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FILE -- In this May 5, 2017 file photo, destroyed buildings from fighting between Iraqi forces and the Islamic State group are seen in western Mosul. Human Rights Watch said Wednesday, June 14, 2017, that the U.S.-led coalition fighting the Islamic State group in Syria and Iraq is endangering civilians by using artillery-delivered white phosphorous. The U.S. military says it uses the munitions in a lawful way. (AP Photo/Bram Janssen, File)
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Rights group criticizes use of white phosphorous against IS

FILE -- In this May 5, 2017 file photo, destroyed buildings from fighting between Iraqi forces and the Islamic State group are seen in western Mosul. Human Rights Watch said Wednesday, June 14, 2017, that the U.S.-led coalition fighting the Islamic State group in Syria and Iraq is endangering civilians by using artillery-delivered white phosphorous. The U.S. military says it uses the munitions in a lawful way. (AP Photo/Bram Janssen, File)

BEIRUT (AP) — The U.S.-led coalition fighting the Islamic State group in Iraq and Syria is endangering civilians by using artillery-delivered white phosphorous, Human Rights Watch said Wednesday, after reports that such weapons were used in the Syrian city of Raqqa.

HRW said it was not able to independently verify whether the use of the munitions resulted in any civilian casualties. The U.S. military says it uses white phosphorous in a lawful way.

White phosphorous burns at extremely high temperatures and can be used to illuminate conflict zones or obscure them with smoke. International law prohibits its use in civilian areas because of its indiscriminate effects, from starting fires to causing excruciating burns for bystanders, according to Human Rights Watch.

“No matter how white phosphorus is used, it poses a high risk of horrific and long-lasting harm in crowded cities like Raqqa and Mosul and any other areas with concentrations of civilians,” said Steve Goose, arms director at Human Rights Watch. “U.S.-led forces should take all feasible precautions to minimize civilian harm when using white phosphorus in Iraq and Syria.”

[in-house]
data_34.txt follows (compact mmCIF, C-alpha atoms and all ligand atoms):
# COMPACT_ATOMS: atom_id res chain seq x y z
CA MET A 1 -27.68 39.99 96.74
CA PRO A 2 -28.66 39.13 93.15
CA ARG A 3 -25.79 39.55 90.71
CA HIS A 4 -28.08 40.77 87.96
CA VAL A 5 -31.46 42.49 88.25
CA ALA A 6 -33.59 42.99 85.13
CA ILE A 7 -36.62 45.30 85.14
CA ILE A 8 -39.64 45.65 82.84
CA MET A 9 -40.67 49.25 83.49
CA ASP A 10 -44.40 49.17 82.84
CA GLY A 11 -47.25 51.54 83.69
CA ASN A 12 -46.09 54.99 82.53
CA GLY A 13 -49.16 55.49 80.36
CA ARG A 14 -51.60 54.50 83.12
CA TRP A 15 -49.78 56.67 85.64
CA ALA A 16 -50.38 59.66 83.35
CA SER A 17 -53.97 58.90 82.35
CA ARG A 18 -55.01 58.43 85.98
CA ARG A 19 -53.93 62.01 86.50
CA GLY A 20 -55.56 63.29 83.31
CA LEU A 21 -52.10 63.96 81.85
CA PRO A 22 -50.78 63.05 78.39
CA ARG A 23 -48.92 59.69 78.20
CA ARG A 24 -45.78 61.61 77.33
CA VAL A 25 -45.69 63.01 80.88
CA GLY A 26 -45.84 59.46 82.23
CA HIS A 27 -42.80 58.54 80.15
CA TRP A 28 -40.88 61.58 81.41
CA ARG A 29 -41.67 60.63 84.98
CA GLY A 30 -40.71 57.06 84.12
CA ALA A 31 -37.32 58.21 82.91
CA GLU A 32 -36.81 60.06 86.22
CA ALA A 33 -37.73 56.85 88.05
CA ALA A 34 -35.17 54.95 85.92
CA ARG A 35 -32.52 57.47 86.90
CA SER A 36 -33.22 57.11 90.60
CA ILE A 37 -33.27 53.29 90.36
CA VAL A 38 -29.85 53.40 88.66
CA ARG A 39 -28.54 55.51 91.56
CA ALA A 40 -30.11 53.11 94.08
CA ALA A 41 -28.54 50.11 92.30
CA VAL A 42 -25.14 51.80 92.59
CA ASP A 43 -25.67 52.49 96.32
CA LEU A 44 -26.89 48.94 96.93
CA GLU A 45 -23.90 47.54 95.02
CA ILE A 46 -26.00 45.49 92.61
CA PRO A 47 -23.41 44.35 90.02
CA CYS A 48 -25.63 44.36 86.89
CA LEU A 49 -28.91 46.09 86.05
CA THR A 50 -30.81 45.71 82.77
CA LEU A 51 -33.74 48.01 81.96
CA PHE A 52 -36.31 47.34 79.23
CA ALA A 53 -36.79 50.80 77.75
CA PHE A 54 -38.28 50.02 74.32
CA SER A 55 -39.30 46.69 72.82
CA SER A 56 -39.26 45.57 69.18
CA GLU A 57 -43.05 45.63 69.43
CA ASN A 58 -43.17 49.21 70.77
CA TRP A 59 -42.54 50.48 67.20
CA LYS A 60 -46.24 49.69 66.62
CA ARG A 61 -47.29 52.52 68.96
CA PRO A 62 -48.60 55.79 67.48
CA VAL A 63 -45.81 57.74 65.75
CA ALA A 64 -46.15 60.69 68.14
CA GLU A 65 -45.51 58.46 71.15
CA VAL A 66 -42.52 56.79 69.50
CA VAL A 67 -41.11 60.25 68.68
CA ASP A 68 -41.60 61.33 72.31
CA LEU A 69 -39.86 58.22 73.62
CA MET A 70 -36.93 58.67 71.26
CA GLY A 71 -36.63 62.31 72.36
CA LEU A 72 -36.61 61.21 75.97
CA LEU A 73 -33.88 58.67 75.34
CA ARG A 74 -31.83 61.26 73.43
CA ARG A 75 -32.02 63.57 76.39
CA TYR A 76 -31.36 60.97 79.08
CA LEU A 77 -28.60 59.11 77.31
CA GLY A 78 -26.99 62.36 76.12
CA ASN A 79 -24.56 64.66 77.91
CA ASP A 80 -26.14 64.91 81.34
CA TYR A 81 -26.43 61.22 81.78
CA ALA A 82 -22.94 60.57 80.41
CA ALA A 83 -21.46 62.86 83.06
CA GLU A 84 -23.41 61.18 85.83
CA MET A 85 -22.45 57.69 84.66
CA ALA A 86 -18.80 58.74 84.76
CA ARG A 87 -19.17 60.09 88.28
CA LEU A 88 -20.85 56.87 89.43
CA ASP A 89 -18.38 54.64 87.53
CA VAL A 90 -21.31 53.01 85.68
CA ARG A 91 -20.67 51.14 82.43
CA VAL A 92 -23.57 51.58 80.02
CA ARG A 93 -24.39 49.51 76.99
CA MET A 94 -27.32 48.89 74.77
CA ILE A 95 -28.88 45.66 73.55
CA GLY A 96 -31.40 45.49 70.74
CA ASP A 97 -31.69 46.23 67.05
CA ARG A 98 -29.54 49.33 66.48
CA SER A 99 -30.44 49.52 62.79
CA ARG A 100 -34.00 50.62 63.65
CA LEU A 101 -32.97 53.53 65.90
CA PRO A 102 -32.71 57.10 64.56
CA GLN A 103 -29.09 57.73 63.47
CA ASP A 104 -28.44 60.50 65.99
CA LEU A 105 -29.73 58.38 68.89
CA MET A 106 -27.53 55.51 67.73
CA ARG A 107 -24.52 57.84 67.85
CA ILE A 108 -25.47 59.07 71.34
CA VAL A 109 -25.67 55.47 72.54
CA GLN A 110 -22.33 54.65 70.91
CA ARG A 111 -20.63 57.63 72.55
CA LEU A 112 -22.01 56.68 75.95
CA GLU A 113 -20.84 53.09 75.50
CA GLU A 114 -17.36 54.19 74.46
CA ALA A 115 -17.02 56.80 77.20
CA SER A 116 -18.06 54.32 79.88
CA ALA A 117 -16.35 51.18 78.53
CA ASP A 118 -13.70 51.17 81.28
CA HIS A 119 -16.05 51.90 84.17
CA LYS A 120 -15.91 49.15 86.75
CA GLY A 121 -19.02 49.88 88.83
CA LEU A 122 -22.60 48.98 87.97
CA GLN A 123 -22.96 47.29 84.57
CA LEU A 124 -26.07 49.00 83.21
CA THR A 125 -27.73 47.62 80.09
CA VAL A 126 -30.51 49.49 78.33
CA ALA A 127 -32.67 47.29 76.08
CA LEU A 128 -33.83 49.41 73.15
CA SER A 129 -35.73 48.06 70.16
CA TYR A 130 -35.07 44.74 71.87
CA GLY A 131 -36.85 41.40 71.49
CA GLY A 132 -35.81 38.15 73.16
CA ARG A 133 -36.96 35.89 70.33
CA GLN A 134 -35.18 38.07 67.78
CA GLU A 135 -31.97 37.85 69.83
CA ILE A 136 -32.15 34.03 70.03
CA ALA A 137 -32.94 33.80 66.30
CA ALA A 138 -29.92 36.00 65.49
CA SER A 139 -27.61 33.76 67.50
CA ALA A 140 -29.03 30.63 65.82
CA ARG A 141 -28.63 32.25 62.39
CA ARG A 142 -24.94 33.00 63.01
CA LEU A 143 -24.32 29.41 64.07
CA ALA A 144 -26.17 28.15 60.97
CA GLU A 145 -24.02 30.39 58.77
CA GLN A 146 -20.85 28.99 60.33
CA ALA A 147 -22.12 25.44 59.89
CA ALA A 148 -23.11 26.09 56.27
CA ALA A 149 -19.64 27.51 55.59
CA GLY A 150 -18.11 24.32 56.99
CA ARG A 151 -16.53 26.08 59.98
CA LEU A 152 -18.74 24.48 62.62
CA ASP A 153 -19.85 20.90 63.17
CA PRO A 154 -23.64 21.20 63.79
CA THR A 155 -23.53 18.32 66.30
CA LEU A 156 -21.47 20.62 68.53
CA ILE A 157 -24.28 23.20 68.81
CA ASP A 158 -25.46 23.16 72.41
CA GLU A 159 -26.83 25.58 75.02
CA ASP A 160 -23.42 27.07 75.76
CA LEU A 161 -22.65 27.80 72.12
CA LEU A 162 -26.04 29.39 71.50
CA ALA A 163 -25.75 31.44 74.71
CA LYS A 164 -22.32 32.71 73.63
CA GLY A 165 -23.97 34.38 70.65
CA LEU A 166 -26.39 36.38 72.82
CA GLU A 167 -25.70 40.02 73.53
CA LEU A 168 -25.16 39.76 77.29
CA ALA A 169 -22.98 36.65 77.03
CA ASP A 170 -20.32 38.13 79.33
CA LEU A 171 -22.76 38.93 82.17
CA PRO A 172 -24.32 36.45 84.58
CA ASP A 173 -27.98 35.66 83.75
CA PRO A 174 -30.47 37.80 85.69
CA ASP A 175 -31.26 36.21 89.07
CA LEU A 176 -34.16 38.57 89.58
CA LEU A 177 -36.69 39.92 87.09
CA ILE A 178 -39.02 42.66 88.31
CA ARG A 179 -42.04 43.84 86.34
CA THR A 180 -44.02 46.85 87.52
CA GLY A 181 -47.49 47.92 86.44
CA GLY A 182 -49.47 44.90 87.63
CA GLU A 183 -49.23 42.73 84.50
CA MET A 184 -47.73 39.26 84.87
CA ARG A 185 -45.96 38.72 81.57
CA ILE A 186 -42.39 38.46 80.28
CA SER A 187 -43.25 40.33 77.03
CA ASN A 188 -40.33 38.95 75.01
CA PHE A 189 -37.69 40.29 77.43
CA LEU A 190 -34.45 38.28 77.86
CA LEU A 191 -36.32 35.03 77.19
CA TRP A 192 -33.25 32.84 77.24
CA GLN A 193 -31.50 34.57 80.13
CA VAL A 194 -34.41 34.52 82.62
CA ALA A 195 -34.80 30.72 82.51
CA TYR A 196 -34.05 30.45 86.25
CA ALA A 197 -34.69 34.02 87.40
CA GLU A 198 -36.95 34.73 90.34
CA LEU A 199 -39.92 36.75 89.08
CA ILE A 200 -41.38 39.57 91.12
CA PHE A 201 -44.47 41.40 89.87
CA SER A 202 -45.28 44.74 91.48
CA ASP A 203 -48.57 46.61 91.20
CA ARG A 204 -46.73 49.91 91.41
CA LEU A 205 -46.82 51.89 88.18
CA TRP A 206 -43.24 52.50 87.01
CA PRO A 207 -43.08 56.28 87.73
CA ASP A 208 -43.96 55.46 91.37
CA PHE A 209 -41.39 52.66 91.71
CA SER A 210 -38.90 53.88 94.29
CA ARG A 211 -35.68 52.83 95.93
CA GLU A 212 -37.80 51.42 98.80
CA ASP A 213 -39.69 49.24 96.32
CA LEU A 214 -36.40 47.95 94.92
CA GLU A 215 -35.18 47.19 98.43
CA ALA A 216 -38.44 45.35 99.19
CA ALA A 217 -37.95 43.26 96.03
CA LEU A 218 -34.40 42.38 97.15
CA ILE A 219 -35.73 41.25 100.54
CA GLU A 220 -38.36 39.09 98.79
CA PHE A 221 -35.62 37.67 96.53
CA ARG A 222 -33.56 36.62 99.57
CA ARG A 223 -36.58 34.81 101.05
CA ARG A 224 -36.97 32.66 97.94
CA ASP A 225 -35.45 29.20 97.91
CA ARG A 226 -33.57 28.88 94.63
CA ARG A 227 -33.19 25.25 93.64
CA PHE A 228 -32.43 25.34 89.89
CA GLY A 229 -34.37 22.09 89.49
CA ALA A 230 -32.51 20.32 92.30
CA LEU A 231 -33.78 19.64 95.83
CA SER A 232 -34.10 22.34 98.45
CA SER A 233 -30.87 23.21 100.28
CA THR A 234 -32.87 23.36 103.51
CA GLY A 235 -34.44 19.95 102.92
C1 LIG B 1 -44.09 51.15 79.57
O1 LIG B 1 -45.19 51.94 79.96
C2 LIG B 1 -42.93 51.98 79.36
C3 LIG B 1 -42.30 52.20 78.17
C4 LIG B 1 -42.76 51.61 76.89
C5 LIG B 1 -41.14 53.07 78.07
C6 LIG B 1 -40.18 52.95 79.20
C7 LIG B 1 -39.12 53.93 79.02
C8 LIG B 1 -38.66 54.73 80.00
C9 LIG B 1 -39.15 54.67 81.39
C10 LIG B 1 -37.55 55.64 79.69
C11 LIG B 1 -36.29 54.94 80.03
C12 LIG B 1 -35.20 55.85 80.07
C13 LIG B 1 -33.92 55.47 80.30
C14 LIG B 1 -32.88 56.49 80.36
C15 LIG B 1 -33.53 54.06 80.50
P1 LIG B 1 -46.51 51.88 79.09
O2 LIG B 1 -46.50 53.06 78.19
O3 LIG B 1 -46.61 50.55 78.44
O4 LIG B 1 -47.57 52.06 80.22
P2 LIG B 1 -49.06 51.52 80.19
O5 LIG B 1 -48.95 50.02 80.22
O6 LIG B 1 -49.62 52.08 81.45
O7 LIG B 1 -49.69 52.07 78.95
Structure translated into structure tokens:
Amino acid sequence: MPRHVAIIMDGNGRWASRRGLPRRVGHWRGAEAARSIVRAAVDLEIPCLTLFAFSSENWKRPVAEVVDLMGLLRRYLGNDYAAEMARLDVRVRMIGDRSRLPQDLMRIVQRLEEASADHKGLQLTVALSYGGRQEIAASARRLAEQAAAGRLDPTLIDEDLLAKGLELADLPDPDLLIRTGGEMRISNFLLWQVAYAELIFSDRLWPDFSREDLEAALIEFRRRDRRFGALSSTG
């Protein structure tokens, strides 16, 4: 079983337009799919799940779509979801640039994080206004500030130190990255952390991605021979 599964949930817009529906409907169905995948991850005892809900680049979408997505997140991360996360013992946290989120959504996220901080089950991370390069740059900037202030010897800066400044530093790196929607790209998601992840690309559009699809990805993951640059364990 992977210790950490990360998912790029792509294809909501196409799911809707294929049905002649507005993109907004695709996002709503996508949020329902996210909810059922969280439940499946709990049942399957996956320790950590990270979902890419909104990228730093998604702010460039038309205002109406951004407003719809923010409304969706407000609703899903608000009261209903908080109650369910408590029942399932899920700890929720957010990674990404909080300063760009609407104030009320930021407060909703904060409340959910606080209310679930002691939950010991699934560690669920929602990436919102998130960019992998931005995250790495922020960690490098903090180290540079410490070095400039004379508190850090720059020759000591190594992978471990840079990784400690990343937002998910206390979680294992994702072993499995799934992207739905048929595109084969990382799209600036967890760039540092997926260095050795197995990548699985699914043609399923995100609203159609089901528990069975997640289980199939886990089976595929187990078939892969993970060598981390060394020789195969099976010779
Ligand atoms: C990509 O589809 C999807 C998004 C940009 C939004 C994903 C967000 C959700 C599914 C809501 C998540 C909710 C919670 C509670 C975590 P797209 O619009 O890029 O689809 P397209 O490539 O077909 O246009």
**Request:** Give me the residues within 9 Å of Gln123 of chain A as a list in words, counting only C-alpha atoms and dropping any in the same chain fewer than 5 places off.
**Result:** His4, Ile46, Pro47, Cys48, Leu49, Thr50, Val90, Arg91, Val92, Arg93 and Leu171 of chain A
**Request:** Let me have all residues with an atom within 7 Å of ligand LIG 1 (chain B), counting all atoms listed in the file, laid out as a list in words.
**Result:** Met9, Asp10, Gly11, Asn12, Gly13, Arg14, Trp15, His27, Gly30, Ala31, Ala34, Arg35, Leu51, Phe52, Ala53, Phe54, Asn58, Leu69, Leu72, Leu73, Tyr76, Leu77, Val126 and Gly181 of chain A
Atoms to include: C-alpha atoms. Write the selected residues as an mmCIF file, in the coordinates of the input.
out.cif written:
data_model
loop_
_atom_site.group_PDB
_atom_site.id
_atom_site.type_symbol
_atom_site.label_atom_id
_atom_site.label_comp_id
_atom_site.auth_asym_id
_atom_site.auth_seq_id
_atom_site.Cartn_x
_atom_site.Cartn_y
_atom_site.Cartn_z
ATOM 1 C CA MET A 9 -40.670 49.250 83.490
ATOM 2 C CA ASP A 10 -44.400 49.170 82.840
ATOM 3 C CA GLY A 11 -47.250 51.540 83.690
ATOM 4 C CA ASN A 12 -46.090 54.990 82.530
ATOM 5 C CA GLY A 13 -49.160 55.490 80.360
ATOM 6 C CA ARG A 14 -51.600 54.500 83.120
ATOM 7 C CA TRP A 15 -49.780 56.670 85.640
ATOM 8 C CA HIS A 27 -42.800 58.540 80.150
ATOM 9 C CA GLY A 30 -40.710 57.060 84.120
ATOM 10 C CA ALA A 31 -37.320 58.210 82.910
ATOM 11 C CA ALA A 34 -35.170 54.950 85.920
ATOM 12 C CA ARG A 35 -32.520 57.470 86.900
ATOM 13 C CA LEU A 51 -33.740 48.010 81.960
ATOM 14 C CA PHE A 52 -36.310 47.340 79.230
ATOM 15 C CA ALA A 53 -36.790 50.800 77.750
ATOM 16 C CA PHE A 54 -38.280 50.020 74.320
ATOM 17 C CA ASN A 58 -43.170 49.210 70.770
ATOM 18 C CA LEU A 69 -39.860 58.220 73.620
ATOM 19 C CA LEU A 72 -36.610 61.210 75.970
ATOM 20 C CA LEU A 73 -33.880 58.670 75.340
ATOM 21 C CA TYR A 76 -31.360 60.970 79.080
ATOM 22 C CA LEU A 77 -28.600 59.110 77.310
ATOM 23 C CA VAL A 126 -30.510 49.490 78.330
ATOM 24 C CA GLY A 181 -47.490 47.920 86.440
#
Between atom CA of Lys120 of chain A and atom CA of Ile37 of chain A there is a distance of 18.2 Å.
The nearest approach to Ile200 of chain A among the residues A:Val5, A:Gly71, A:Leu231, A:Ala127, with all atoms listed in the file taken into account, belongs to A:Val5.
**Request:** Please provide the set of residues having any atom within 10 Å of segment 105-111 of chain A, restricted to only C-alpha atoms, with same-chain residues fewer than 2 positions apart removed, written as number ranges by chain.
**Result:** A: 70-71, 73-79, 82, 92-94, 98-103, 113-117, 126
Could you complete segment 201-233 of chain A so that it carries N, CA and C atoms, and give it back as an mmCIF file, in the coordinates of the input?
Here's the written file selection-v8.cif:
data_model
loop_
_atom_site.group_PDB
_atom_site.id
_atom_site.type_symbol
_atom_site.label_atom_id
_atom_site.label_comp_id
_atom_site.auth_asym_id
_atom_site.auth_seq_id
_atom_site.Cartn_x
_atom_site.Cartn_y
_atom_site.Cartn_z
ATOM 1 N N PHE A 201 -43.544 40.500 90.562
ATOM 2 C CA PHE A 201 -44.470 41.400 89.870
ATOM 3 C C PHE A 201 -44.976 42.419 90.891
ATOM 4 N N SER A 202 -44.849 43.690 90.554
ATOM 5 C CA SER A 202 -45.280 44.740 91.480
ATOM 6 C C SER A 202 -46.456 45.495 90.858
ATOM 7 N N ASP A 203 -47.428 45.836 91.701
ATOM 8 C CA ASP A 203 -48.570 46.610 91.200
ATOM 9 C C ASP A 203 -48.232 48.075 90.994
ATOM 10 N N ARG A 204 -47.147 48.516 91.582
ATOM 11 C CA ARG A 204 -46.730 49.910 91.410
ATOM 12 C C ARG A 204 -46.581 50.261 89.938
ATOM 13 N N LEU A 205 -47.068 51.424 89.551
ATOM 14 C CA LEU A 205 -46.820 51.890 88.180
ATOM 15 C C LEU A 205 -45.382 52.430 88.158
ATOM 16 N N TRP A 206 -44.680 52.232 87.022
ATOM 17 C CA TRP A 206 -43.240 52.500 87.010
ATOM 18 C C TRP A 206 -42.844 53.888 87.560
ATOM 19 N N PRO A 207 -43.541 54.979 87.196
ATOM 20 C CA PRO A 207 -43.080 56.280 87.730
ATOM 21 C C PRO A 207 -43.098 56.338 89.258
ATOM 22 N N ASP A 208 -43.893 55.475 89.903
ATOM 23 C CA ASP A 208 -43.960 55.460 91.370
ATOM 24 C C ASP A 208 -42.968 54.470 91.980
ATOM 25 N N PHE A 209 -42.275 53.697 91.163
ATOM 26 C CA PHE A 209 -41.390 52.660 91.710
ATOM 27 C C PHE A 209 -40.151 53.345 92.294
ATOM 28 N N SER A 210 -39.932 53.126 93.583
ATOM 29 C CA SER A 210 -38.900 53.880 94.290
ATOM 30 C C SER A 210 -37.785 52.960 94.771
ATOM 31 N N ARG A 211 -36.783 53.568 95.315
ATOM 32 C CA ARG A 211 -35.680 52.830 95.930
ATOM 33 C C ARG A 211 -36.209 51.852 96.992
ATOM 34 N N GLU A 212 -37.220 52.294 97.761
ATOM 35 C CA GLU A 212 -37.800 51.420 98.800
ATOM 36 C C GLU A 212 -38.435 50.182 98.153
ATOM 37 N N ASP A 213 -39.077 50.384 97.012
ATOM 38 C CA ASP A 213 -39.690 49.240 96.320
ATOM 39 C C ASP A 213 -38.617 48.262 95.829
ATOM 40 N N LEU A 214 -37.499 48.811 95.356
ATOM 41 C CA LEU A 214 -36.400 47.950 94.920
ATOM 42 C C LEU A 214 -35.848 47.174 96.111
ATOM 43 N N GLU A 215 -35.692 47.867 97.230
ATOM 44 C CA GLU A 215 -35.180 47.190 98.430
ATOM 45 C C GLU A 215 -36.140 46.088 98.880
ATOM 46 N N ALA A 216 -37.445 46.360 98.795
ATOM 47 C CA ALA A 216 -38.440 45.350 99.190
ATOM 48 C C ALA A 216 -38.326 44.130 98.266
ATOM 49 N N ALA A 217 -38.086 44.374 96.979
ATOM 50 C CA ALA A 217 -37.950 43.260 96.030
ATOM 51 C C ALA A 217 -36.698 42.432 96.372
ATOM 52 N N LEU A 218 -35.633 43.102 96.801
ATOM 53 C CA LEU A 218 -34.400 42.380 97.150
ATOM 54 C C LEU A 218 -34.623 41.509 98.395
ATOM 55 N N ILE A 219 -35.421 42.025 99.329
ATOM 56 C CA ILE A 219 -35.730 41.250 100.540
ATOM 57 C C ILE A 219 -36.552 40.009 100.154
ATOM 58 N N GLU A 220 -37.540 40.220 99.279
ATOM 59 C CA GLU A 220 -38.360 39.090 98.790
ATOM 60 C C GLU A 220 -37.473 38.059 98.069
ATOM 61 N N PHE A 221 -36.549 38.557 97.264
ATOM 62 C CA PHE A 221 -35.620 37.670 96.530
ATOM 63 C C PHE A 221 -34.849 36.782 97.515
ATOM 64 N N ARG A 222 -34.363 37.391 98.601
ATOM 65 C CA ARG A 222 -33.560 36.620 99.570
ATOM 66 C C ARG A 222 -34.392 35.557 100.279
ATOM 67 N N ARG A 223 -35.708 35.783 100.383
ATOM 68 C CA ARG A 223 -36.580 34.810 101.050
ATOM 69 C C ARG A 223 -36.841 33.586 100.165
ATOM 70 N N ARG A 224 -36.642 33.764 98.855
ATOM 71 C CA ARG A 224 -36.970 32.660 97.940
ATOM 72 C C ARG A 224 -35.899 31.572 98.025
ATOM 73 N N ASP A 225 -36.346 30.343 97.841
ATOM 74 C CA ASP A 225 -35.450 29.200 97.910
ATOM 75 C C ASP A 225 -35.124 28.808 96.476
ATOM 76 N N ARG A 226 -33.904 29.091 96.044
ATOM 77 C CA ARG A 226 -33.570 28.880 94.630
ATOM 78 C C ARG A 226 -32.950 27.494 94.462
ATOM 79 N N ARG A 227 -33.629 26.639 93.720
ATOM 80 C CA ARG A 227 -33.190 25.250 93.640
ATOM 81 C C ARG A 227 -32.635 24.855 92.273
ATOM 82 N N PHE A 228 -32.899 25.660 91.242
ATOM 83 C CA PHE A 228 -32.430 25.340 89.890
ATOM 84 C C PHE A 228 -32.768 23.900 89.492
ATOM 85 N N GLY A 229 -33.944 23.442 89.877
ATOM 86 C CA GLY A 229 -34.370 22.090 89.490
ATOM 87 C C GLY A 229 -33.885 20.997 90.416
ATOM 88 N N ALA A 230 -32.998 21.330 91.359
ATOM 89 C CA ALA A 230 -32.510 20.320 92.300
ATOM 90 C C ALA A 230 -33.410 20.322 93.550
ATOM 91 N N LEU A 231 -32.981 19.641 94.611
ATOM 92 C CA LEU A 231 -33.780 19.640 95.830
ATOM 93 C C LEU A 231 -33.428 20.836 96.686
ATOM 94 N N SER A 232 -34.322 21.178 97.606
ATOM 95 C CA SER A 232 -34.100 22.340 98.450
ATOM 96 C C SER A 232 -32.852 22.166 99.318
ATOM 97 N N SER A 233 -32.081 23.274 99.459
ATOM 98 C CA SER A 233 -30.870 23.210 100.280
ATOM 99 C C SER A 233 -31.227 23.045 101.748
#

The Islamic State group is under attack in the northern Iraqi city of Mosul and in Raqqa, the extremist group’s de facto capital. In Mosul, a coalition of Iraqi military and pro-government militias has taken the eastern half of the city and is shrinking the IS footprint in the western half. In Raqqa, the campaign to retake the city began in earnest last week, led by the Kurdish-dominated Syrian Democratic Forces.

HRW, citing research and media reports, referred to several incidents in Raqqa and Mosul where artillery-fired white phosphorous was used. The group said the rationale for the use of the weapon is unclear as the U.S.-led coalition doesn’t comment on specific incidents.

In a video released through its Aamaq news agency, IS said the U.S.-led coalition used white phosphorous over Raqqa last Thursday at dusk, when Muslims would have been breaking their Ramadan fasts.

The U.S. military refused to comment on specific allegations after last week’s attack in Raqqa but said it uses white phosphorous rounds “in accordance with the law of armed conflict … in a way that fully considers the possible incidental effects on civilians and civilian structures.”

HRW said U.S.-led forces in Mosul and Raqqa are using U.S.-made M825-series 155mm artillery projectiles containing 116 felt wedges impregnated with white phosphorus, which ignites and continues to burn when exposed to the air. This is the only type of 155mm white phosphorus projectile in U.S. stocks that can be air-burst, HRW said.

Neither IS nor Syrian government forces are known to possess or to have used the U.S.-made munitions, it said.

On Wednesday, the Syrian Observatory for Human Rights said the Kurdish-led forces leading the campaign have advanced west of Raqqa city under intense airstrikes by the U.S-led coalition. So far the anti-IS forces have advanced from the west and east, fully controlling or entering at least four Raqqa neighborhoods.

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